Editor’s note: Have you seen the new Catster print magazine in stores? Or in the waiting area of your vet’s office? This article appeared in our January/February 2017 issue. Click here to subscribe to Catster and get the bimonthly magazine delivered to your home.
While the name Kitty Litter, first registered in 1947 by its inventor Edward Lowe, may still be universal, the product has litter-ally been reinvented with litter options. Many products contain clay and other minerals, wheat, corn husks, coconut husks, cassava plants, newspaper, silica gel, wood chips, peanut shells, and orange peels. Decisions, decisions — where does a cat parent begin?
Well, the adjectives that advertising agencies have used to describe the various litters is an excellent guideline to help narrow down the selection. Words include lightweight, scoopable, absorbent, eco-friendly, dust-free (well, almost), flushable, scented, unscented, health-alert, and odor-free.
Simply pick the adjectives that best describe your needs and the main ingredient from the list of primary ingredients (clay, gel, corn husks, etc.), and you will know exactly what you have bought!
Of course, for it to be considered a successful purchase will still depend on feline approval. Cats are, after all, the end users.
The biggest trend is undoubtedly eco-friendly litters that help reduce the feline carbon pawprint because they are biodegradable, compostable, flushable (some of them), and don’t clog up landfills.
Natural litters are considered virtually dust free and don’t contain any chemical odor-masking agents and fragrances that are believed to cause or aggravate asthma and other respiratory issues in both cats and humans.
This is listed as the No. 1 priority for cat parents and has come a long way, too. When it comes to clay-based litters in particular, new nontoxic and unscented odor-absorbing ingredients are being patented. New litter additives and filters for litter boxes also help to obliterate odors.
Further change focuses on the weight of clay-based litters that some regard as heavy and cumbersome to work with on a daily basis. New lightweight clay litters on the market claim to be as much as 50 percent lighter and comparative in weight to other choices out there.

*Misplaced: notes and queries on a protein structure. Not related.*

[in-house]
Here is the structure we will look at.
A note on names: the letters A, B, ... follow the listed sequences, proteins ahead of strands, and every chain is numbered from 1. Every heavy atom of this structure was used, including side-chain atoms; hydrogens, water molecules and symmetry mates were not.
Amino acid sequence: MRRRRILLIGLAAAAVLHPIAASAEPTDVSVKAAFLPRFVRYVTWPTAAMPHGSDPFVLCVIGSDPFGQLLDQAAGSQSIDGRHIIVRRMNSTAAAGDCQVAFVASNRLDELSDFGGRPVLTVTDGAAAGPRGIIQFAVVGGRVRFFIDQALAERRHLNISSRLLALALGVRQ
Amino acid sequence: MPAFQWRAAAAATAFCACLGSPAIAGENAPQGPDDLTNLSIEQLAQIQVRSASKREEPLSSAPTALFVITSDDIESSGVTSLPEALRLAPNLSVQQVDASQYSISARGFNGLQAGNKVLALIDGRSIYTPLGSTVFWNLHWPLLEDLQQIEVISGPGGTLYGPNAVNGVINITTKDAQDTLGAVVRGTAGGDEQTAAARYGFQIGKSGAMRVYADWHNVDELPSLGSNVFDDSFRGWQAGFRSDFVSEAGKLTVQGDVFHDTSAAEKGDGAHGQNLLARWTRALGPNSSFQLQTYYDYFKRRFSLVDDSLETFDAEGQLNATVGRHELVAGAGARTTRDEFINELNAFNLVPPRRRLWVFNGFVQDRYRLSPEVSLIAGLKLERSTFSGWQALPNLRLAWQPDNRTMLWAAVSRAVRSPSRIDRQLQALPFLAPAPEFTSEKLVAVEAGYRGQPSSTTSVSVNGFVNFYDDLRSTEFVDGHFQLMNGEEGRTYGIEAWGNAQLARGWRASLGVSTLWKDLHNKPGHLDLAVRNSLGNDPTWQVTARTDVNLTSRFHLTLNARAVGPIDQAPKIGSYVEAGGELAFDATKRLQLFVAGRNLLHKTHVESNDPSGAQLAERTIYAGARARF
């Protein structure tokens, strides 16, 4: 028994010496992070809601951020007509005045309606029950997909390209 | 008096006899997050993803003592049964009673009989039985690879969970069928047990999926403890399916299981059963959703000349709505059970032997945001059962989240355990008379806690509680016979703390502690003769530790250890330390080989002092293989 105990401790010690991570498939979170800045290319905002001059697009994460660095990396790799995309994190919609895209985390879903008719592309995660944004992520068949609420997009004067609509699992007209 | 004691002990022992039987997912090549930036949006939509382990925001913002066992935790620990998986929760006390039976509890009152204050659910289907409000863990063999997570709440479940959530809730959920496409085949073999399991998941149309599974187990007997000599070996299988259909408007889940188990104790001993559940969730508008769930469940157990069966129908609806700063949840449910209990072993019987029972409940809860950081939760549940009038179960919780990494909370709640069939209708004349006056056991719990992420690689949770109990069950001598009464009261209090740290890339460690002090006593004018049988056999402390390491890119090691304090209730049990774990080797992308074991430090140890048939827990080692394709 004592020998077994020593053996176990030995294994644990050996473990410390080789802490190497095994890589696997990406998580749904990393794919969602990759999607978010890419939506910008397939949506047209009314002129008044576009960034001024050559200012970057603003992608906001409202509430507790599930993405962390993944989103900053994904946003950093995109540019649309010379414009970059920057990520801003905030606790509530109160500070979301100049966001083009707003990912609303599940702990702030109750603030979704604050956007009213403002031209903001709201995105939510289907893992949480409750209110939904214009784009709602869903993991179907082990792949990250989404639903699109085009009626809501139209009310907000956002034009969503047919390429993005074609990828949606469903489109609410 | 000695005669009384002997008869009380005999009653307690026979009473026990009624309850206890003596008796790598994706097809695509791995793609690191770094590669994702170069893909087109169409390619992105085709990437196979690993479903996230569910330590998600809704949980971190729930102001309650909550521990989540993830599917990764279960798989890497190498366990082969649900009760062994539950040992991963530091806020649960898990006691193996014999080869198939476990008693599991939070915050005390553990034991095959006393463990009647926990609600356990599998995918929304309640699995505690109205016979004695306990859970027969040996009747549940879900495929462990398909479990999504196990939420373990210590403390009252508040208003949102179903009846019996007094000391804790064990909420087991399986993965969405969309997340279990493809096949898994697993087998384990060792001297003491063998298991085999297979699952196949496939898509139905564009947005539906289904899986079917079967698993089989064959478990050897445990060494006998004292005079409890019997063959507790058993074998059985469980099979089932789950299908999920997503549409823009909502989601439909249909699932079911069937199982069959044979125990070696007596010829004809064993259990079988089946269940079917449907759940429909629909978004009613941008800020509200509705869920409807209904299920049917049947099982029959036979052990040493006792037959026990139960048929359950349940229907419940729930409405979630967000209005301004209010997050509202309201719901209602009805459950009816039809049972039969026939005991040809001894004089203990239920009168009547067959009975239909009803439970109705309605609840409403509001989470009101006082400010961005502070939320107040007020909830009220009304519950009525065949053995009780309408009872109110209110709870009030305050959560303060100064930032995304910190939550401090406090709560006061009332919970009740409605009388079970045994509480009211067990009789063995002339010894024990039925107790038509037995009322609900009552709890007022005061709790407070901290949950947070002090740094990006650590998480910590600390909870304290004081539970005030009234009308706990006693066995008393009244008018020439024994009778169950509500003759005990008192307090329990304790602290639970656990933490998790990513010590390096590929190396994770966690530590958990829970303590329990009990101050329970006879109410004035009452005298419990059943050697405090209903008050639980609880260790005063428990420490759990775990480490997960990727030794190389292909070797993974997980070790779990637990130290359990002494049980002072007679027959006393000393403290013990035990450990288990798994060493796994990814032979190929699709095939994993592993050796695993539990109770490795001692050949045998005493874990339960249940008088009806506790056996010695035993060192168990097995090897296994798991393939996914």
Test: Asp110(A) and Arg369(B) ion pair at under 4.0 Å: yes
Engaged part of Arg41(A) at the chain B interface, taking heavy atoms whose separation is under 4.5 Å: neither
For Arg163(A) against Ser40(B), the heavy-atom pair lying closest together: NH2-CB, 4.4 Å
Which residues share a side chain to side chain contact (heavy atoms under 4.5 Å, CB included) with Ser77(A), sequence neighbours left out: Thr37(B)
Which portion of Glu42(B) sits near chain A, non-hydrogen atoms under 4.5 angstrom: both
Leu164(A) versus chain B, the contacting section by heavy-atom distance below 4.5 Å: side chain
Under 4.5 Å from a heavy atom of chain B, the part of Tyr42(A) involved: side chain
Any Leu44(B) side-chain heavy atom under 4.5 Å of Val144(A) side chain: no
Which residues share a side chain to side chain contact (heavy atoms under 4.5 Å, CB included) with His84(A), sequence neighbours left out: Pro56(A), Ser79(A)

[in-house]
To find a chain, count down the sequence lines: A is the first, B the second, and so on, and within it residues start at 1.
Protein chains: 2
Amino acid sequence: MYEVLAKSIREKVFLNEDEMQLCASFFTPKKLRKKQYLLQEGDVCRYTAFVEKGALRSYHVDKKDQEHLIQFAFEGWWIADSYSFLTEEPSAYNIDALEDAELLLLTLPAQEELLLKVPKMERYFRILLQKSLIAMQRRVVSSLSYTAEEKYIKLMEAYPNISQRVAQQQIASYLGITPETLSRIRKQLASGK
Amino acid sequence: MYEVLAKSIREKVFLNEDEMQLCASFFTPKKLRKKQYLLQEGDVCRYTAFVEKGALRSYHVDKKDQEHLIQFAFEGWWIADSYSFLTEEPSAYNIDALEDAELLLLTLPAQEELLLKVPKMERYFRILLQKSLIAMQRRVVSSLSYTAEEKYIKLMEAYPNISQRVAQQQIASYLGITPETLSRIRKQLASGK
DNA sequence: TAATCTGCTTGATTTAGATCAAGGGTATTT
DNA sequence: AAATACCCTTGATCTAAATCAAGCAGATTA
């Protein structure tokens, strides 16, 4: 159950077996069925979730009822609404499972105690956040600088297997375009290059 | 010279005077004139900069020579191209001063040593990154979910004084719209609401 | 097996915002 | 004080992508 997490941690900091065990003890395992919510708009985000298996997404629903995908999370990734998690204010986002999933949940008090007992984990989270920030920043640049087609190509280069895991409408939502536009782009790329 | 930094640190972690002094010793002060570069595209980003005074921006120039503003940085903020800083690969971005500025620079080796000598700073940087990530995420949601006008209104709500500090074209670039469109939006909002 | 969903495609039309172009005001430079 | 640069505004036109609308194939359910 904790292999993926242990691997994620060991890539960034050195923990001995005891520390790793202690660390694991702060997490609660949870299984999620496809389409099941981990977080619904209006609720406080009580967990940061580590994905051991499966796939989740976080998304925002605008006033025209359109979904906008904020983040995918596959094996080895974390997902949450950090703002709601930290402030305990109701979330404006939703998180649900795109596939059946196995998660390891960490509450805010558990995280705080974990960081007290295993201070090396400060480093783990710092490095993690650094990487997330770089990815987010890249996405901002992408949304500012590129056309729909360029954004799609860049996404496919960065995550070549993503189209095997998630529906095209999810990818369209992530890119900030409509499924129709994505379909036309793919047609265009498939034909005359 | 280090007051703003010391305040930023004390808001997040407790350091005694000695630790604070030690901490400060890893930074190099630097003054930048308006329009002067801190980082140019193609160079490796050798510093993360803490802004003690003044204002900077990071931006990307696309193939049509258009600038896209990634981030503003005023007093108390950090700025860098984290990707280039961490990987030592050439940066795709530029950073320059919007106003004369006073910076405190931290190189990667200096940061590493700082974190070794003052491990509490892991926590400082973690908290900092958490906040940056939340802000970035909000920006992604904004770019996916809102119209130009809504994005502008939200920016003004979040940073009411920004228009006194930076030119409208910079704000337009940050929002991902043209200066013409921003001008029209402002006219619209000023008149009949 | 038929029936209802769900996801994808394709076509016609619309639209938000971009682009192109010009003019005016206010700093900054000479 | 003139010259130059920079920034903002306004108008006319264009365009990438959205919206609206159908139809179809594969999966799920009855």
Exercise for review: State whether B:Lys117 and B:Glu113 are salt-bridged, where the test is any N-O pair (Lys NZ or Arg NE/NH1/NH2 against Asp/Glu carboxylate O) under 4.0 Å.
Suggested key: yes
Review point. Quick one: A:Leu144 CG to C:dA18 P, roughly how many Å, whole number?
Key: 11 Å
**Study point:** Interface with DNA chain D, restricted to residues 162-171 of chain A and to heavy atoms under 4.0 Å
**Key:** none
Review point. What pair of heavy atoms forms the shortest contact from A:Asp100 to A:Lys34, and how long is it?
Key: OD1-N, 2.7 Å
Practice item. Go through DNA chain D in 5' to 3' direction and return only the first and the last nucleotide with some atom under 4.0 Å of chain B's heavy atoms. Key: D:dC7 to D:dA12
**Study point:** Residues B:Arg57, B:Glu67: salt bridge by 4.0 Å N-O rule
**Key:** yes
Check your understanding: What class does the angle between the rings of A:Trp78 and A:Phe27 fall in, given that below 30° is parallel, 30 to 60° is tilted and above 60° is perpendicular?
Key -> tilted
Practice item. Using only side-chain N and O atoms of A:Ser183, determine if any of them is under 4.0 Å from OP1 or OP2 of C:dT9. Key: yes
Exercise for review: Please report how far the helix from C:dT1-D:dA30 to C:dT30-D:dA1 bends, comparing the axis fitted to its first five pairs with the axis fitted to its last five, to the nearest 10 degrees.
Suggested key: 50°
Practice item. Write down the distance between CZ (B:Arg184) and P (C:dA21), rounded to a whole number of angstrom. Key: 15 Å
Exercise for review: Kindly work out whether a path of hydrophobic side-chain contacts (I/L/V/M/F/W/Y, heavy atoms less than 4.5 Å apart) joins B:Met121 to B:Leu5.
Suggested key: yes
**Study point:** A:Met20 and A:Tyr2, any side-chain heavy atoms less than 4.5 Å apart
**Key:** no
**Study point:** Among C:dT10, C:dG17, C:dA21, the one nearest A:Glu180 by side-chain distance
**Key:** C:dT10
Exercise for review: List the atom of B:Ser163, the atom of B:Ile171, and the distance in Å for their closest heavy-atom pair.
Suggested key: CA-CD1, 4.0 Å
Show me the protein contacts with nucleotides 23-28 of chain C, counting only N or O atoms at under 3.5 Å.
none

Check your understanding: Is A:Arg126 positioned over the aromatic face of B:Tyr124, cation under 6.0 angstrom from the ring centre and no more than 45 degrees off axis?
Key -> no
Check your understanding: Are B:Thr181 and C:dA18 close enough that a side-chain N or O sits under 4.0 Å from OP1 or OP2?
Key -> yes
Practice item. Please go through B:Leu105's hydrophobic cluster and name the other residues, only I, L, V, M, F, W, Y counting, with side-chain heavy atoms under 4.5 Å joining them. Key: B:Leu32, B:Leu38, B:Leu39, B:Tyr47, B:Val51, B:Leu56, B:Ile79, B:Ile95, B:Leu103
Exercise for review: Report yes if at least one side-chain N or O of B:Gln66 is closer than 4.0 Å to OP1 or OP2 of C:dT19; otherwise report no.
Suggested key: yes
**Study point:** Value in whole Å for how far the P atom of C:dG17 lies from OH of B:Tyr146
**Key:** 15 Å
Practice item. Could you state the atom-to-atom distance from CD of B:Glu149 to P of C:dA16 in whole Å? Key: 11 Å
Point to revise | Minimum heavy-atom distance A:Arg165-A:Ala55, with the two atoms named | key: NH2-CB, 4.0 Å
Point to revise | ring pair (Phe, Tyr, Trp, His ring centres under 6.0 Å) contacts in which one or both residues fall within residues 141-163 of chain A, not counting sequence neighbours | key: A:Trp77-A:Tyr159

Litter containers are also changing from heavy plastic to lightweight bags with “spouts,” making it not only easier to carry but to pour, too.
And the way we purchase litter is changing. Online purchases are growing in their appeal simply because with the click of a mouse, the product arrives on the doorstep. No heavy lifting required.
Perhaps the biggest development has been the advent of diagnostic litters that alert cat parents to potential health issues, such as kidney disease, urinary tract infections, and diabetes. The litters allow them to effectively monitor the situation and ultimately refer relevant information on to the cat’s veterinarian.
Such litters can have a positive impact on a cat’s general health and well-being and save thousands of cats from losing their homes and landing in shelters as a result of undiagnosed medical issues, which are often incorrectly labeled as deviant litter box behavior.
Monitoring litters use assorted pH indicators that react to the introduction of urine and change color to alert to a potential problem. They can be used permanently for cats who have already been diagnosed with an issue to monitor the severity or on an ad hoc basis as a home wellness check.
There’s a style and shape of today’s litter box to suit every household from corners to hoods in a variety of fun colors to match home décor.
Litter boxes have come out of the closet to become more acceptable on display. First, due to the improvement in odor control. Second, due to advice from behaviorists, who unilaterally believe that (especially in multi-cat households) open litter boxes are better. They offer the feline user a 360-degree view of the surroundings so he can see if another cat is approaching and plotting a box ambush and allow the cat to monitor general household traffic.
Along with this trend comes an increase in fabulous litter mats in a variety of colors and designs that effectively work to trap litter and prevent your cat from creating an indoor beach.
So what is next in this category? There are already automated litter boxes that scoop and even ones that flush. With the huge selection of litter currently available, perhaps the next big thing will be a small cat-shaped robot that tops up litter as the contents of the box depletes. And, it would be great if it could shake out litter mats, too.
Adjectives are a quick and easy guideline to the type of litter and its best features. Words that tell all include:
About the author: Sandy Robins is an award-winning multimedia pet lifestyle author. She has written three books. She is also the co-host of the web series Pet Product TV. Sandy lives in Southern California with her family, including cats Fudge and Ziggy. Follow her on Twitter and Facebook.